The search for yield has been a long-term theme among investors, for more than a decade. Interest rates have been microscopic ever since the Great Recession, and many fixed income products have lost their allure.
At first, asset classes like muni bonds and high yield corporate debt became the go-to products for those looking for bond-like returns with reasonable yields. But despite the occasional fair amount of risk in credit markets (like in March of this year), even traditionally higher-yield debt has barely paid enough interest to keep the lights on.
Last week, the Wall Street Journal featured an article talking about the “variable denomination floating rate demand notes” offered by some carmakers, which have become popular with investors. These unsecured, callable, changeable rate notes are paid from the car companies’ cash flow—typically 2-3% annually.
So the car company can call these notes (take them back) whenever they want. They can change the rate on a whim. And they are unsecured (no protection from a default). For all these great benefits (sarcasm intended), investors get a whopping 2% return per year. Yay?
In my frank opinion, there are far better ways to generate yield from car companies using options strategies such as covered calls. Yes, covered calls are considerably closer to equity exposure rather than debt, but with the type of risk people are taking for a 2% yield, I think it makes sense to look elsewhere.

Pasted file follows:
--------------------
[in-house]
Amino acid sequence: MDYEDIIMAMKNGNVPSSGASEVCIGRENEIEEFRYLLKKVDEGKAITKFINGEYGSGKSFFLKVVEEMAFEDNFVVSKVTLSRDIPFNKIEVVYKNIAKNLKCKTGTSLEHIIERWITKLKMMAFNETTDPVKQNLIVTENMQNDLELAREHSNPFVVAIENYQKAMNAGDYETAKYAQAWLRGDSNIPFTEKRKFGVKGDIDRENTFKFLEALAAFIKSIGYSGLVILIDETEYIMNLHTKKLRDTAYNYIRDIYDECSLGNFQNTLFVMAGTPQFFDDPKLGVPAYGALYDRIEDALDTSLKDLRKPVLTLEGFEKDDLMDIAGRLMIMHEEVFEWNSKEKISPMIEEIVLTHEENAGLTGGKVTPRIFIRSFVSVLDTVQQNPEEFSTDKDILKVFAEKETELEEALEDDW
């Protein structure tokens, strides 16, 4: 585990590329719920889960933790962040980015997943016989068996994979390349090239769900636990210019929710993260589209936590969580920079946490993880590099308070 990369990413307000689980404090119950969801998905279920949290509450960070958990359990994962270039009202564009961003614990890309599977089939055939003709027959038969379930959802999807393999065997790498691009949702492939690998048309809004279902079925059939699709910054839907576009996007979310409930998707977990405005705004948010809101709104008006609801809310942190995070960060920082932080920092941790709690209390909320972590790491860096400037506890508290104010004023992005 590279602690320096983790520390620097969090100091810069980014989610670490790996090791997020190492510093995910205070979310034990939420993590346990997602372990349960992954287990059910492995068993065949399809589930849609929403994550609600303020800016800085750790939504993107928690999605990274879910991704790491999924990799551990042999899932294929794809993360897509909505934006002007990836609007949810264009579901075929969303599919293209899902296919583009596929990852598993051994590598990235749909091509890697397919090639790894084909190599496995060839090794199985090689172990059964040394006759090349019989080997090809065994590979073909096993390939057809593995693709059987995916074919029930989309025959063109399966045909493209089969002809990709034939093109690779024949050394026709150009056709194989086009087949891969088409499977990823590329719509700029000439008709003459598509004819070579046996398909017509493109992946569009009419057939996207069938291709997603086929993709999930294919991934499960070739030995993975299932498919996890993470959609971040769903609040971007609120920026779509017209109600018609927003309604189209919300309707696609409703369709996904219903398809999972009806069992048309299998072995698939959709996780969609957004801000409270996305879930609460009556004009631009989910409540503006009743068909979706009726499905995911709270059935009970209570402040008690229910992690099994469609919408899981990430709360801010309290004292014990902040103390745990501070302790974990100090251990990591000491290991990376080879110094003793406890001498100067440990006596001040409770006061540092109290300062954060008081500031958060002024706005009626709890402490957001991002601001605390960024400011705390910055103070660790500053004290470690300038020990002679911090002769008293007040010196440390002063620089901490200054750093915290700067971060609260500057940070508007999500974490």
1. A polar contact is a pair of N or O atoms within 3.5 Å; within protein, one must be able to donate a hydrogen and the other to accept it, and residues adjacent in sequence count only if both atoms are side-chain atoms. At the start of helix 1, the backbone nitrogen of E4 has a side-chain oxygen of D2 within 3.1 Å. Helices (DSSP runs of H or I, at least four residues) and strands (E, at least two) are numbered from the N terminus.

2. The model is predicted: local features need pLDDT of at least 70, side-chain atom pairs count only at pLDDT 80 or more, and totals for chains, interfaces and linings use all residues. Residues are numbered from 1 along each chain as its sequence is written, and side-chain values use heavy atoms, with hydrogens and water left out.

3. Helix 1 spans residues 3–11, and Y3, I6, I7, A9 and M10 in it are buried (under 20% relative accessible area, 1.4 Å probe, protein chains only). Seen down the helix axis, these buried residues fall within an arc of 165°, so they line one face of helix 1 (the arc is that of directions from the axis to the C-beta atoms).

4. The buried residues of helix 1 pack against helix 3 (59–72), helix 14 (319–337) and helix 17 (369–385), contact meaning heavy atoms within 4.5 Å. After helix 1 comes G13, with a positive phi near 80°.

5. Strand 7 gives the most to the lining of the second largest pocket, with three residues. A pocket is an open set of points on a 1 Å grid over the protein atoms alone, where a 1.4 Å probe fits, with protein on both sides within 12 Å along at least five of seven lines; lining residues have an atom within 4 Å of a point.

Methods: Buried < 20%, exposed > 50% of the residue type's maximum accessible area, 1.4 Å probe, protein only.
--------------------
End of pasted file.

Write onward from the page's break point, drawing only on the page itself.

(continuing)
For example, let’s look at a covered call that traded last week in General Motors (GM) options.
A trader purchased 150,000 shares of GM for $44.04 and sold the December 18 46 calls against those shares for $1.35 per contract. The call sale brought in $202,500 in premium, which amounts to 3% in just 30 days. In other words, annualized, this strategy would yield 36%.
With a covered call, the shares are purchased, which means the position does have downside exposure to GM stock. However, the stock won’t get called away if it finishes below the strike price (46 in this case). As such, new calls can be sold each month against the shares while the stock recovers.
What’s more, by using an out-of-the-money strike, the trader is allowing for nearly $2 in stock appreciation for the next month. If GM is at $46 or higher at December expiration, the position will generate $1.35 from the call sale, plus $1.96 in stock appreciation. That works out to a 7.5% return in just a month.
Whatever your opinion of GM, I’d much rather take a chance to earn 7.5% in a month, with a guaranteed 3% payout at the very least, rather than 2% for an entire year. Don’t forget that 2% (from the variable notes) isn’t guaranteed and can change at any time. In the search for yield, taking on a bit more equity risk can go a long way towards getting far superior returns.